While Into Darkness has much in common with the 2009 Star Trek movie, the sequel has many more contrived aspects to its storyline than the prequel. One can almost draw the plot arch as the film goes along. Fans, though, are more likely to forgive such plot problems than non-fans. That is, if fans and non-fans have a chance to think about the issues with the storyline while watching the film. JJ Abrams and Damon Lindeloff have made every plot detail and element in Into Darkness be done either on the run or in the midst of a shoot-out. It is as if they knew that the movie’s storyline makes as much sense as Lost did by the end. Abrams (with his trademark lens-flare) and Lindeloff constantly distract viewers from being able to realise the plot’s deficiencies, here, in the same way that shoot-outs, explosions, chase scenes and stunts divert audiences’ attentions from the flaws in the various Die Hard, Mission: Impossible, and Fast and the Furious movies.

Provided one does not focus too much on the storyline of Into Darkness, one can enjoy the contrast in personalities between the impulsive Captain Kirk and the cold, rational Commander Spock, and both Chris Pine and Zachary Quinto play their respective roles very decently. There is also more humour than expected between the two of them, which is always welcome. The same can be said for Karl Urban’s performance as Bones and Simon Pegg’s as Scotty, as they play their roles well without being anything special.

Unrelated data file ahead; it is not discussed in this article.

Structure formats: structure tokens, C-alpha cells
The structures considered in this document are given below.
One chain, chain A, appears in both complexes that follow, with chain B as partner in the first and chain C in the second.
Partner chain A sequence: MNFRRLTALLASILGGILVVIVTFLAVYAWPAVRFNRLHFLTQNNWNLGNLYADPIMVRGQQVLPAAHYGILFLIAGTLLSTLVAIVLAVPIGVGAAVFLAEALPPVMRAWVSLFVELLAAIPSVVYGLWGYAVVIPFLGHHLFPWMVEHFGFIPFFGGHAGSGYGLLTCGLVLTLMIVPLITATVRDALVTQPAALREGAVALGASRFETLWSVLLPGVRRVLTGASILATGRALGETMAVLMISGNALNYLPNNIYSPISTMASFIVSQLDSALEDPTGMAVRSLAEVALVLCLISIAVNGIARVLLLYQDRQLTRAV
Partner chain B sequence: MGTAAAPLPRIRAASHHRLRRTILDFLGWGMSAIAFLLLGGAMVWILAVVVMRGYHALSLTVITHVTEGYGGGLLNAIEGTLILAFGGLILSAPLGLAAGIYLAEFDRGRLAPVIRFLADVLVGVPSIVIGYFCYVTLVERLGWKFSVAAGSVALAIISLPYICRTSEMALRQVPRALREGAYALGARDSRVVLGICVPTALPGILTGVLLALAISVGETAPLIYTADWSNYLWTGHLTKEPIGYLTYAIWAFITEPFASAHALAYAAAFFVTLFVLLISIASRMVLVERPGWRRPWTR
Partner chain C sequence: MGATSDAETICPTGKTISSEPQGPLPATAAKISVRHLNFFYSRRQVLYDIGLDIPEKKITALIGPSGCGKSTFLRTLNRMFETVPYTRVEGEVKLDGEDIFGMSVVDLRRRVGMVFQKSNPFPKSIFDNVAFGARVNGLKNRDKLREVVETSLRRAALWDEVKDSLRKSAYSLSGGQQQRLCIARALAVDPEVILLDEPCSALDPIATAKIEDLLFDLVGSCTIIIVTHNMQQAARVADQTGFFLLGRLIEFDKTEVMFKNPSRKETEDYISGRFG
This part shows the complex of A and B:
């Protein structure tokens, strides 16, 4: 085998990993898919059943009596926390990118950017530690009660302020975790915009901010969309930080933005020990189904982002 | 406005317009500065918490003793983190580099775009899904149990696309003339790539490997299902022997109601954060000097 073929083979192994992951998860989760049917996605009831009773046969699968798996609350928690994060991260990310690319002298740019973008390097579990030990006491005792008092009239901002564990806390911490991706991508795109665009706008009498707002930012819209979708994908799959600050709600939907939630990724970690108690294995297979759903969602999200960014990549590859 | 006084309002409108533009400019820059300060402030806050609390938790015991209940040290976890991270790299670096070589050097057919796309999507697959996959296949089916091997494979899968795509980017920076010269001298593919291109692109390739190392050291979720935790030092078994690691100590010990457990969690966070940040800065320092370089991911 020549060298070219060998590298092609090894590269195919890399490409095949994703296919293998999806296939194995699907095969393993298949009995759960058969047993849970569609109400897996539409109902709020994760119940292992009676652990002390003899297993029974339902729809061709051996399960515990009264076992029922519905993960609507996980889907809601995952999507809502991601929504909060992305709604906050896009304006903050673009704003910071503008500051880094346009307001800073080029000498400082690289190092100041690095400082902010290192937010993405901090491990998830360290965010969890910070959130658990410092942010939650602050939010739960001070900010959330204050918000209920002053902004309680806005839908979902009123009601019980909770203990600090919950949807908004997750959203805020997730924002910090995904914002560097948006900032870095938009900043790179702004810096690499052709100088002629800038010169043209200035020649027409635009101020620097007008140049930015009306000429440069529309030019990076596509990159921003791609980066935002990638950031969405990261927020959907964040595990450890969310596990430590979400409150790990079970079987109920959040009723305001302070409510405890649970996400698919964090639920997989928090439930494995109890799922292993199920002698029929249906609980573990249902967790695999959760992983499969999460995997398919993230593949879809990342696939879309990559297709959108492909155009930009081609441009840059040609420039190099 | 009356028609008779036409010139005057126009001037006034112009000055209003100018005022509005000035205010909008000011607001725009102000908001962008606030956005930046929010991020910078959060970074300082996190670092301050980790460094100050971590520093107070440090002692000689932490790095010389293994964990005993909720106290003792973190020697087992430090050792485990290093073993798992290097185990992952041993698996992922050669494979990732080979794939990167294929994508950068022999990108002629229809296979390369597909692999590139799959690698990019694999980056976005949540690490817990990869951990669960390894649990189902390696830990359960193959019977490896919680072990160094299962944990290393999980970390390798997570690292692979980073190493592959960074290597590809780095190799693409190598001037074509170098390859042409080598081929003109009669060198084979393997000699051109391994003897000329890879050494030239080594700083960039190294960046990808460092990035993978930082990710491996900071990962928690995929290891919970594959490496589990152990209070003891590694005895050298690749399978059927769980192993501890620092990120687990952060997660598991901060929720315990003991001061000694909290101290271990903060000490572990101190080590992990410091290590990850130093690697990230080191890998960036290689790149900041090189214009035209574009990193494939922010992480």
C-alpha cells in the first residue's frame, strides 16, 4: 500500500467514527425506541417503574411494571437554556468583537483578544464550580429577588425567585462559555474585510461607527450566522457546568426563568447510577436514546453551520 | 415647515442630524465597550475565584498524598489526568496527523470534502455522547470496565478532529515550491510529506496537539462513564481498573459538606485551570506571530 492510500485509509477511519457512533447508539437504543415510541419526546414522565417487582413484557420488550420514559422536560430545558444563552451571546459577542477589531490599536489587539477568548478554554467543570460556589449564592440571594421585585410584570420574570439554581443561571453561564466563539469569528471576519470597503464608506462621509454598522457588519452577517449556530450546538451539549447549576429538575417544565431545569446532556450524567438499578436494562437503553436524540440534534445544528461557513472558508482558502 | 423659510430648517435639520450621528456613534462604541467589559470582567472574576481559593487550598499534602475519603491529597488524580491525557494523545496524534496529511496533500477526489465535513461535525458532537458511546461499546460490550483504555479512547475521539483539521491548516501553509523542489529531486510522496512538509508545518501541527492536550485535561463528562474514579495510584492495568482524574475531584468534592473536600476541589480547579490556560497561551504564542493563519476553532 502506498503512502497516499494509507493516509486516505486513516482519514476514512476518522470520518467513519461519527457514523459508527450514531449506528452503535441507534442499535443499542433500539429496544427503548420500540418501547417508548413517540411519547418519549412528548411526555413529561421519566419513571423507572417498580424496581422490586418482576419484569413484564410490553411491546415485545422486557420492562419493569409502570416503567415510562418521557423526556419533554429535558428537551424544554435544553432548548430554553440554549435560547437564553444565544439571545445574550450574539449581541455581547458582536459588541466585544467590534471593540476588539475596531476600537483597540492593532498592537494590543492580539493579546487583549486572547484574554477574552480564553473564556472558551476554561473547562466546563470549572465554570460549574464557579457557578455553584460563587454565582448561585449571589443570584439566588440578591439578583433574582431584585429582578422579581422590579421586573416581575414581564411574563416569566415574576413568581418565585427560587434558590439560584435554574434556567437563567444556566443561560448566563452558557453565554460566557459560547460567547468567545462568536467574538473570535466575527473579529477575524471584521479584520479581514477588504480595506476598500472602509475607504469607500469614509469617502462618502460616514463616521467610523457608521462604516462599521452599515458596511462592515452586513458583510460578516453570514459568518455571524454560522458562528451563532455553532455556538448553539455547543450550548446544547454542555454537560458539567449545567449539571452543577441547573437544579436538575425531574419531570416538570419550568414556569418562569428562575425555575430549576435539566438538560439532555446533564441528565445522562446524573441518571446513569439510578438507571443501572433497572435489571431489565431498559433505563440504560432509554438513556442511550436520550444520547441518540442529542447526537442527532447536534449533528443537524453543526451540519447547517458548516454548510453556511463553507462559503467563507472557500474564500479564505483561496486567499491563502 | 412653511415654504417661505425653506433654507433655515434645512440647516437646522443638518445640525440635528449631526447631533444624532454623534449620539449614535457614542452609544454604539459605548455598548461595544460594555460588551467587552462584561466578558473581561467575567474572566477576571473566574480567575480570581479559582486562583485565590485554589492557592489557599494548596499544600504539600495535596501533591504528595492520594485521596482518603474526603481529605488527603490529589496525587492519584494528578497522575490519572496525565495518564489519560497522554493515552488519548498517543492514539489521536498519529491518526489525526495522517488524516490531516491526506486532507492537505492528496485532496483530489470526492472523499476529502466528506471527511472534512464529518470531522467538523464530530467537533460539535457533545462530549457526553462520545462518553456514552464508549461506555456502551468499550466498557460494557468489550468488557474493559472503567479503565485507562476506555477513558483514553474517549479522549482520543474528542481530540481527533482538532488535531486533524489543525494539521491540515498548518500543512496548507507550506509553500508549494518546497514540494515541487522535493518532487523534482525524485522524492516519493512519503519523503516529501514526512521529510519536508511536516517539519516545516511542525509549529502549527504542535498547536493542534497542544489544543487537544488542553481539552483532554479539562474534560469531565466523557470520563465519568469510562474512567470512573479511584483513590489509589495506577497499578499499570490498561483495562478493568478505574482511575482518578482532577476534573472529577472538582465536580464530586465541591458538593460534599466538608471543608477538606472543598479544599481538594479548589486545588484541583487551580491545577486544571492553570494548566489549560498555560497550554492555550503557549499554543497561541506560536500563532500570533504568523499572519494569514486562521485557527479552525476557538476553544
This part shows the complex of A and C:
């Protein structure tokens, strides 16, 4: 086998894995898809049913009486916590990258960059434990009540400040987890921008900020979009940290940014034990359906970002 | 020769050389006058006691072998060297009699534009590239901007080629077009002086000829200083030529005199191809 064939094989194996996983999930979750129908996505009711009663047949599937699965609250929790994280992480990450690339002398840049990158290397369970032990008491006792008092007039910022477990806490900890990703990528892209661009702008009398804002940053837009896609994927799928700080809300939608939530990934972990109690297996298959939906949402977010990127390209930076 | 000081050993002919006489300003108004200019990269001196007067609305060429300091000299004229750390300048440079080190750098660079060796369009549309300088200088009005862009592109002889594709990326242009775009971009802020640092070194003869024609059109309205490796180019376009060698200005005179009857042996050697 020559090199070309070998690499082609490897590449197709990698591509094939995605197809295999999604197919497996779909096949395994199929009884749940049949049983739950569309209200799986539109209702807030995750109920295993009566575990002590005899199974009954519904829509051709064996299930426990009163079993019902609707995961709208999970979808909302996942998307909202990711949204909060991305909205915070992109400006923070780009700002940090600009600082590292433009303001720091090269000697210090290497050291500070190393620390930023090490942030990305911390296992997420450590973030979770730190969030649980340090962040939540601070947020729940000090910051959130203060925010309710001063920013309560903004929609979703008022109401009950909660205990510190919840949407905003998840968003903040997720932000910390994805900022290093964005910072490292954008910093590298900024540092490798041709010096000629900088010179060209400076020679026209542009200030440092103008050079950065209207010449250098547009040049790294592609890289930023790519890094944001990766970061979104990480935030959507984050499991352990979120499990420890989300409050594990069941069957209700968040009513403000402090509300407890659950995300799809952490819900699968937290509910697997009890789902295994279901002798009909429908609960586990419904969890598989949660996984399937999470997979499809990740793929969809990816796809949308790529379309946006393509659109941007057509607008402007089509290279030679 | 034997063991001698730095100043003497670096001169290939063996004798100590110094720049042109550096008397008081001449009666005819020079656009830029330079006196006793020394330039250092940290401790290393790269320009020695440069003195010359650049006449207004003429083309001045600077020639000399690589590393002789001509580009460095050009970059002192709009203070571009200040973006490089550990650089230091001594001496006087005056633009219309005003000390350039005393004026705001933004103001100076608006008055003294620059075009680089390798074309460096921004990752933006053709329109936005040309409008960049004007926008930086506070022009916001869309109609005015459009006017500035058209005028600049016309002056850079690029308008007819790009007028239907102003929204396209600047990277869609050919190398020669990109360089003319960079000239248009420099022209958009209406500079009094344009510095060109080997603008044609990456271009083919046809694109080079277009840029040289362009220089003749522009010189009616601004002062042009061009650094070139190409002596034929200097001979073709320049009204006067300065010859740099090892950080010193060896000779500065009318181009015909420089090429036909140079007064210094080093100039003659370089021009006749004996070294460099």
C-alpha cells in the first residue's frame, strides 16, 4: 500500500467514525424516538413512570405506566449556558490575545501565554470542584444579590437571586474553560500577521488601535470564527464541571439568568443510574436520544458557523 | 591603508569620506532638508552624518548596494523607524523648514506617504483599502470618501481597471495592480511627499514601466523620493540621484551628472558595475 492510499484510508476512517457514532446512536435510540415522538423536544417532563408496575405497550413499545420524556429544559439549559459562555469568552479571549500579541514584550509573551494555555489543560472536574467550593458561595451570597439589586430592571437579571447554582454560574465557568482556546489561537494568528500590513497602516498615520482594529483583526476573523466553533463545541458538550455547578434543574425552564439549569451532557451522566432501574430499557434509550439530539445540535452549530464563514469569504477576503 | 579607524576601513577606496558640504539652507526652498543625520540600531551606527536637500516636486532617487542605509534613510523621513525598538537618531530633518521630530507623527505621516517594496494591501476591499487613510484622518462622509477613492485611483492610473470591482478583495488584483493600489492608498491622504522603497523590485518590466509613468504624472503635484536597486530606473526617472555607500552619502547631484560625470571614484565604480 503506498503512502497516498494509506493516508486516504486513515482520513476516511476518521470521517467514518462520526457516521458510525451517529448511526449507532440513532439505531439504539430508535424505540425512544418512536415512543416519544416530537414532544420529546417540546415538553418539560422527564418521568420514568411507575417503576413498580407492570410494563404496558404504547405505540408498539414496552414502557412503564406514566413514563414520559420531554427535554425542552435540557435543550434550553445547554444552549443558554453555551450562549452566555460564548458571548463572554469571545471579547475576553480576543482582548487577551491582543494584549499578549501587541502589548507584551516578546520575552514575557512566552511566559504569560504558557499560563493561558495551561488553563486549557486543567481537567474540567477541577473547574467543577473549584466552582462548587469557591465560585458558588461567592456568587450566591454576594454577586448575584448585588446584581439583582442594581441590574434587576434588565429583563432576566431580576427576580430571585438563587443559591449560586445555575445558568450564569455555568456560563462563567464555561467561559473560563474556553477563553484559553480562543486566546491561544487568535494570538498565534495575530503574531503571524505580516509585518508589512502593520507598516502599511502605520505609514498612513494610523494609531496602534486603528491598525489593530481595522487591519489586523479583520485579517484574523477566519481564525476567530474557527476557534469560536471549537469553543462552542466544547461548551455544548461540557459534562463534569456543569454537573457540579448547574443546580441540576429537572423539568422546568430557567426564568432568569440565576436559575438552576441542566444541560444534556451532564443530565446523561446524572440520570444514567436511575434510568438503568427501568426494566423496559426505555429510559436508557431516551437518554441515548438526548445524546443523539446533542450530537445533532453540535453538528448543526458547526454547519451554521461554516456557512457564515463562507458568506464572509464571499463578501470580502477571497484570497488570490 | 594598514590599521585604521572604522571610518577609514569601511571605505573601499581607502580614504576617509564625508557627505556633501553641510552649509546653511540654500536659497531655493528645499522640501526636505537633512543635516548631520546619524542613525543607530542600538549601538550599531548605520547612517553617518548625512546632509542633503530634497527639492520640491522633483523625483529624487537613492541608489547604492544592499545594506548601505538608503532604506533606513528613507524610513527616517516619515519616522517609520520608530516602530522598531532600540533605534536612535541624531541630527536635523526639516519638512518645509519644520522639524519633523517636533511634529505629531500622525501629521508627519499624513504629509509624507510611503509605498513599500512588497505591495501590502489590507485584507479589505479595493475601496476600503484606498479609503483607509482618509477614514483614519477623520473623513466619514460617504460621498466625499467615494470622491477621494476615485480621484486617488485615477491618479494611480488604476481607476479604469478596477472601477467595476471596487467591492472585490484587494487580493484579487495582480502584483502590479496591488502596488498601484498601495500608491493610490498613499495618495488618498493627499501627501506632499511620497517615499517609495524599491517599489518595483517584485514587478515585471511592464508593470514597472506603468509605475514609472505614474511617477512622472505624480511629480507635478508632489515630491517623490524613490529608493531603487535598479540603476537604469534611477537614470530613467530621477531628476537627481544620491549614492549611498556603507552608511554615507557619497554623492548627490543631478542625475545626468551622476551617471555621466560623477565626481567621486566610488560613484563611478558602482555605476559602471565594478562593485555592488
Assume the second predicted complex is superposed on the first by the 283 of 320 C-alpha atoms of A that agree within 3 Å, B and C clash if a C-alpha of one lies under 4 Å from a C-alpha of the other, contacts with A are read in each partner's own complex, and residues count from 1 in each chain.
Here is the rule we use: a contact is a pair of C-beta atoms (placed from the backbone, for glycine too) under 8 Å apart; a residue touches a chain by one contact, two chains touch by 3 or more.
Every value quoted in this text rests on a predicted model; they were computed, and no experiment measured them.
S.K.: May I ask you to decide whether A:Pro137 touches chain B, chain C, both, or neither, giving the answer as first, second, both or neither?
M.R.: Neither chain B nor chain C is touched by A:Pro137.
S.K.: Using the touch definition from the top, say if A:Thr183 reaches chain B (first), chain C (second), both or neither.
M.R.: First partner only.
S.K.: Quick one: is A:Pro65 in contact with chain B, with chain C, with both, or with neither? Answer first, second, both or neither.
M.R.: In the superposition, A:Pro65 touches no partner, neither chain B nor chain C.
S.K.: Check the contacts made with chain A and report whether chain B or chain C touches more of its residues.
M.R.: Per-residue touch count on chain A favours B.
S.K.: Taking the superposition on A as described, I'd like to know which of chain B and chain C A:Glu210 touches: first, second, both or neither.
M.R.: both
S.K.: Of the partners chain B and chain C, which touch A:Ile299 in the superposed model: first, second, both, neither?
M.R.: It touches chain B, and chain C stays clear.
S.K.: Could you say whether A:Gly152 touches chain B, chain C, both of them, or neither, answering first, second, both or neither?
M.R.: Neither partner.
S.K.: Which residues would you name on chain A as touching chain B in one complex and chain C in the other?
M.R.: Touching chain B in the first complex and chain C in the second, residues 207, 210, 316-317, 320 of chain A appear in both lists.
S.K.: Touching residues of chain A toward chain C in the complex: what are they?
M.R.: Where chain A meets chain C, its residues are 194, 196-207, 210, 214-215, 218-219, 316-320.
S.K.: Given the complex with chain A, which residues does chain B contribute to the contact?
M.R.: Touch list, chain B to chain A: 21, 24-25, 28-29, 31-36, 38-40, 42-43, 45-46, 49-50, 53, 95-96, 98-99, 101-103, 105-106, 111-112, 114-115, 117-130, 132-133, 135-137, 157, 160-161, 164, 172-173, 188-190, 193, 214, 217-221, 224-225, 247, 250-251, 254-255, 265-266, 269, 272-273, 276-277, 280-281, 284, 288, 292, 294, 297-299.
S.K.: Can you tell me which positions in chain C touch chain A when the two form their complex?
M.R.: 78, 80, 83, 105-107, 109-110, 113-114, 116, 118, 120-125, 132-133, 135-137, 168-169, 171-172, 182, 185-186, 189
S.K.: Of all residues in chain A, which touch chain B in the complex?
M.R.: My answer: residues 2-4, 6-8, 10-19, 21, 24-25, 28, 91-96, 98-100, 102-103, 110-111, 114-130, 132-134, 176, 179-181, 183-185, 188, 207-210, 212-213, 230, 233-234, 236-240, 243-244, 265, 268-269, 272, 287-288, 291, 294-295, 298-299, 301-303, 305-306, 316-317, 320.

Alas, the same cannot be said for Zoe Saldana as Uhura this time, or Alice Eve as Carol Marcus. Uhura’s role in Into Darkness, unlike in the prequel, is too peripheral and meaningless to be remembered, and Saldana does not do herself justice when on screen; and sad to say, the only thing of note that Eve does as Carol Marcus is to stand in front of Kirk in a bikini. (And the point of that scene was…?)

The villain, John Harrison (Benedict Cumberbatch), fighting against his adversaries who are out to kill him.

The villain, John Harrison (Benedict Cumberbatch), fighting against his adversaries who are out to kill him.

Yet, the real star of the film is Benedict Cumberbatch. His acting, as the villain, is head and shoulders above the rest of the cast. When Cumberbatch speaks, it does not matter what he says or how ludicrous it may sound because it is stated with authority to the extent that implausible matters are believable. Regardless of whether one is a Star Trek fan or not, one should almost watch Into Darkness for Cumberbatch’s performance alone.